He faces up to 32 years if convicted on both counts, Schmidt said.

Salman Rushdie attack suspect pleads not guilty to attempted second-degree murder and assault, lawyer says

Matar was described as a calm person who mostly kept to himself.

The suspect had signed up with the State of Fitness Boxing Club in North Bergen, New Jersey in April, gym owner Desmond Boyle told CNN.

“You know that look, that ‘this is the worst day of your life’ look? It came up every day like that,” Boyle told CNN on Saturday.

Gym member Roberto Irizarry told CNN that Matar goes to the gym about three or four times a week and is “a very calm kid.”

“It’s a brotherly environment, a family environment – we try to involve everyone. He was pretty much on his own,” Irizarry said.

Rushdie receives flood of support as he begins ‘road to recovery’

The attack on the prominent author generated an outpouring of support from world leaders.

US President Joe Biden said in a statement he was saddened by the attack.

“Salman Rushdie – with his insight into humanity, with his unparalleled sense of history, with his refusal to be bullied or silenced – represents essential and universal ideals. Truth. Courage. Resilience. ability to share ideas without fear. These are the building blocks of any free and open society,” Biden said.

British Prime Minister Boris Johnson said in a tweet that he was “appalled” by the attack on Rushdie, who is also a British citizen.

“Appalled that Sir Salman Rushdie was stabbed while exercising a right that we should never stop defending. At this time my thoughts are with his loved ones. We all hope he is well,” Johnson said on Friday .

Rushdie’s former wife, TV host Padma Lakshmi, said in a tweet on Sunday that she was “relieved” Rushdie was “coming through after Friday’s nightmare.”

“Worried and mute, can finally breathe out. Now let’s hope for a speedy recovery,” she said.

'Buy a book:' Salman Rushdie interviewer suggests way to support gravely injured author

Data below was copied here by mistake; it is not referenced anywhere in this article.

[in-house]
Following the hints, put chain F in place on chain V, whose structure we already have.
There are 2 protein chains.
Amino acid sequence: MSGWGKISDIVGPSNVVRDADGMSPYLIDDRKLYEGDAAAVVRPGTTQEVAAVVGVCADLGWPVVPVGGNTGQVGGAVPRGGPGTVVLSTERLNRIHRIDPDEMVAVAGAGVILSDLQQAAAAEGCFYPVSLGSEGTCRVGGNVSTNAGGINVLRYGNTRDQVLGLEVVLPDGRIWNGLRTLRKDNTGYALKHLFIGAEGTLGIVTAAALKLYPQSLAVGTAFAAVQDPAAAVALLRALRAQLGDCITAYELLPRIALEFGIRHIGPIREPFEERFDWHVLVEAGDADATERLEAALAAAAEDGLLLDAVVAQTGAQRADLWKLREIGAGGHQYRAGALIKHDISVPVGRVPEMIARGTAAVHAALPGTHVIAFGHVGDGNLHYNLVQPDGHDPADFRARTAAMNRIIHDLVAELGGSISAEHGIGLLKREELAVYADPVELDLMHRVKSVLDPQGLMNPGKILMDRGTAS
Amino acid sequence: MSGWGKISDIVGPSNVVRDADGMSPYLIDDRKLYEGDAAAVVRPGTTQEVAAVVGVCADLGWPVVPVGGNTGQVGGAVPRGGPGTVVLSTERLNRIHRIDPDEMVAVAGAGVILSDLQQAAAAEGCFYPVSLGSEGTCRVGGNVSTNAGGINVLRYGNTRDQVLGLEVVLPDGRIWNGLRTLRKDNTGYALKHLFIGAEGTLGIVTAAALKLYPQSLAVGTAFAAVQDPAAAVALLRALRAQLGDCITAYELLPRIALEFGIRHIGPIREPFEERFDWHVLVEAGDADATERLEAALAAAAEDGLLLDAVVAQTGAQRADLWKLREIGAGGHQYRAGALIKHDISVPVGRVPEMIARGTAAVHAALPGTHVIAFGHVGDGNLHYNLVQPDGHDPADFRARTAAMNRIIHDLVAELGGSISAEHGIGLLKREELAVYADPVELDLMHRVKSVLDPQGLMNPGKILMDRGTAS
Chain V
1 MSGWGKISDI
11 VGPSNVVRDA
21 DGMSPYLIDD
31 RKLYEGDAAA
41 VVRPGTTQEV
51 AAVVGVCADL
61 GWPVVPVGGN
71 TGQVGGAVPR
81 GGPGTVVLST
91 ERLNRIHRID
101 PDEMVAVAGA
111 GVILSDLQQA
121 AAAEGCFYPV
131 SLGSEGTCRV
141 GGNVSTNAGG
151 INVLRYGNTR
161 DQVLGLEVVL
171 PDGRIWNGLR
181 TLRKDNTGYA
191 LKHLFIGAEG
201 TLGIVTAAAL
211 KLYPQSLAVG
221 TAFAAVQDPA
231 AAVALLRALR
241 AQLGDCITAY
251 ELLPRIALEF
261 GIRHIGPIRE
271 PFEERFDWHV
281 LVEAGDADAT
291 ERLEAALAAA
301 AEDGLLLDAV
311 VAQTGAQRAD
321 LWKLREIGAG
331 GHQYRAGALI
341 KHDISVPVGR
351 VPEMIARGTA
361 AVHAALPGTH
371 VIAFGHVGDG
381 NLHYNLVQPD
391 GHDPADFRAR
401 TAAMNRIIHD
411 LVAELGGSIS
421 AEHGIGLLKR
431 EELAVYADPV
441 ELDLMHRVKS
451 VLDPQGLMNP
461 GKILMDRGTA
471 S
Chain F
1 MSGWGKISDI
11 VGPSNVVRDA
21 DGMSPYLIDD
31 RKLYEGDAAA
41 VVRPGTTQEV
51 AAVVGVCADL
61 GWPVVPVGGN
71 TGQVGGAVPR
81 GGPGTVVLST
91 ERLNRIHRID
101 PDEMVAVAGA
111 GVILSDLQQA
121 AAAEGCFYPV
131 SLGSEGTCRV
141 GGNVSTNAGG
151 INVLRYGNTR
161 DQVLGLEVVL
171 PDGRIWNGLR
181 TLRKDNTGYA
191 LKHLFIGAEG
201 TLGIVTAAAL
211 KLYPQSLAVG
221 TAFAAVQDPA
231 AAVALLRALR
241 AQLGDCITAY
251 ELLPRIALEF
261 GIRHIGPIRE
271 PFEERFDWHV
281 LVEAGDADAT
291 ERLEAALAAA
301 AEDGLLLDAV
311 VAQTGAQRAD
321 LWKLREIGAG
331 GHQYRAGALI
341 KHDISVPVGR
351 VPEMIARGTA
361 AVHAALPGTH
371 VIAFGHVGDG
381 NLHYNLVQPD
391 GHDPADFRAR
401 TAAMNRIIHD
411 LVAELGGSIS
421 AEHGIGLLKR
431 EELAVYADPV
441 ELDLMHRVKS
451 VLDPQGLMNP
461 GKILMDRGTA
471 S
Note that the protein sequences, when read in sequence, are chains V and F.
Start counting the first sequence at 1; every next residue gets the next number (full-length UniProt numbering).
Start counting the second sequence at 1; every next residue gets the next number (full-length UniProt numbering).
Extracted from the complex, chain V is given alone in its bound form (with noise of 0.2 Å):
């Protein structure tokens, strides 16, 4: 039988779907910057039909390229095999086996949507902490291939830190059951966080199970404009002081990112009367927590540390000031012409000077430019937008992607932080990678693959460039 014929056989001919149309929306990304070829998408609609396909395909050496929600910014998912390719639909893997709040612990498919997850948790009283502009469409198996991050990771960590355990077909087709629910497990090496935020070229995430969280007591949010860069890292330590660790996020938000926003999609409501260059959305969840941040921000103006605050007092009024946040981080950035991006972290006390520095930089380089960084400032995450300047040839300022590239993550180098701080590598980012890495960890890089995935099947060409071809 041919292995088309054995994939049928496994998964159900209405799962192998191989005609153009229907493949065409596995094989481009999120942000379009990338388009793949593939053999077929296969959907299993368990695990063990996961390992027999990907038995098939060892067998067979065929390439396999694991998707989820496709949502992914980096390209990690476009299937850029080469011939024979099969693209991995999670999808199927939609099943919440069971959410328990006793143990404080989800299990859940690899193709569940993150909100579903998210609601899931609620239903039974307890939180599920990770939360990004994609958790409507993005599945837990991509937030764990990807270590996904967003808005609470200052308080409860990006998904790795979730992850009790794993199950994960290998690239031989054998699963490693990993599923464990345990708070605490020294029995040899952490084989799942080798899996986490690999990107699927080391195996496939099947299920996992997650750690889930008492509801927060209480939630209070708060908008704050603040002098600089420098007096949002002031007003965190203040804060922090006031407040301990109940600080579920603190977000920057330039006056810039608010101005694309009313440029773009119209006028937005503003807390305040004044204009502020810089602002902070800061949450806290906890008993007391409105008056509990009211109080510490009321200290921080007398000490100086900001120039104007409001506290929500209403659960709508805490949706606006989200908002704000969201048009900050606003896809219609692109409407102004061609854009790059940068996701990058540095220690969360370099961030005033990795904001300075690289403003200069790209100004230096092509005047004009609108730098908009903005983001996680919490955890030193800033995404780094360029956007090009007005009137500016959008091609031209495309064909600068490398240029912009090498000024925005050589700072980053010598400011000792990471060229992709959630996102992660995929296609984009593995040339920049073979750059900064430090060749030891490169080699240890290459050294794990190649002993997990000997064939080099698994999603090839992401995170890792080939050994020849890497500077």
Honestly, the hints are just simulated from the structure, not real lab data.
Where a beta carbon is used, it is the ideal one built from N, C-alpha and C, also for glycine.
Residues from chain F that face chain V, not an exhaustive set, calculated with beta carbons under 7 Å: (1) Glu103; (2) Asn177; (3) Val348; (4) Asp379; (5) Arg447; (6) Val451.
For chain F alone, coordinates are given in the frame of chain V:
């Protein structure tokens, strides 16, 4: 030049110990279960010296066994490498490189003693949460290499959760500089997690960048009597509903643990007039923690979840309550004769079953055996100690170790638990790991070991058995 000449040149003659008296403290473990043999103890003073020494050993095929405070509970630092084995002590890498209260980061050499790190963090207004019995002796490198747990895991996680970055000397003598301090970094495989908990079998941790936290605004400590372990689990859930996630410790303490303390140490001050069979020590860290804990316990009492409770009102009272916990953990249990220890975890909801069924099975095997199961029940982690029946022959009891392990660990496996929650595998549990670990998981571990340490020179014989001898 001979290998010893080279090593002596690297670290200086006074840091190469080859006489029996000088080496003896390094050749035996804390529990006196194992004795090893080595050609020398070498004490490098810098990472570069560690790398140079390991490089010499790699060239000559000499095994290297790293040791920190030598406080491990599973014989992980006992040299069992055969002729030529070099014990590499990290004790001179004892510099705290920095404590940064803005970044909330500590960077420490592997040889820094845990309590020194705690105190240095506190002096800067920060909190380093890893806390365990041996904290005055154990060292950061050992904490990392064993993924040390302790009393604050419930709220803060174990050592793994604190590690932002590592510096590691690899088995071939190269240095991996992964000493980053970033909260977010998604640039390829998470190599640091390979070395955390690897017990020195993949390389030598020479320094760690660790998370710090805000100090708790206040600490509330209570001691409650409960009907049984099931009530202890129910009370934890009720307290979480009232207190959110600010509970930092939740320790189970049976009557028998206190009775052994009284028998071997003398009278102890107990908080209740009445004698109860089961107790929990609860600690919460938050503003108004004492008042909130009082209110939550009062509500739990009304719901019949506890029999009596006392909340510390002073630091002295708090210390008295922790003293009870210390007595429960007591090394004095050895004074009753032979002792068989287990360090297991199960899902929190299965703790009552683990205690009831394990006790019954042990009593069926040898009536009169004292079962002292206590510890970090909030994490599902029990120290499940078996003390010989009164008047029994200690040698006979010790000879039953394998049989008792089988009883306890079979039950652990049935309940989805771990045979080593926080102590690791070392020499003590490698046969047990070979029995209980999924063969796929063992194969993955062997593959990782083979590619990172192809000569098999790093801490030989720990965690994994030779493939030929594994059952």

Suzanne Nossel, CEO of PEN America, a non-profit press freedom organization, said in a statement:

“PEN America is reeling in shock and horror at news of a brutal and premeditated attack on our former President and staunch ally, Salman Rushdie, who was allegedly stabbed multiple times while speaking on stage at the Chautauqua Institute in upstate New York,” Nossel said. said. “We can think of no comparable incident of a public attack on a literary writer on American soil.”

“Salman Rushdie was targeted for his lyrics for decades but never flinched or wavered,” Nossel added. “He devoted tireless energy to helping those who were vulnerable and at risk.”

Rushdie’s writings have won him several literary awards, but also scrutiny. His fourth novel, “The Satanic Verses”, was condemned by some Muslims who found the book sacrilegious.

Iran’s late leader Ayatollah Ruhollah Khomeini, who described the book as an insult to Islam and the Prophet Muhammad, issued a religious decree, or fatwa, calling for Rushdie’s death in 1989.

As a result, Rushdie began a decade under British protection.

In its first official reaction, Iran blame the author and “his supporters” for the attack on Rushdie.

“Regarding the attack on Salman Rushdie, we do not consider anyone other than [Rushdie] and its supporters deserve blame and even condemnation,” Iranian Foreign Ministry spokesman Nasser Kanaani told a televised press conference on Monday.

Kanaani also said Iranian officials “categorically and seriously deny any connection of the aggressor to Iran”, according to Iranian state media.

“We have seen nothing else about the individual who committed this act other than what we have seen in the US media. We categorically and seriously deny any connection of the perpetrator to Iran,” the statement said. Kanaani according to Iranian state media.

While the motive for Friday’s knife attack is still under investigation, the governor of New York has condemned the attack.

“I want to make it clear that a man with a knife cannot silence a man with a pen,” Hochul said.

CNN’s Artemis Moshtaghian, Liam Reilly, Samantha Beech, Keith Allen, Adam Pourahmadi, Alex Stambaugh
and Brian Stelter contributed to this report.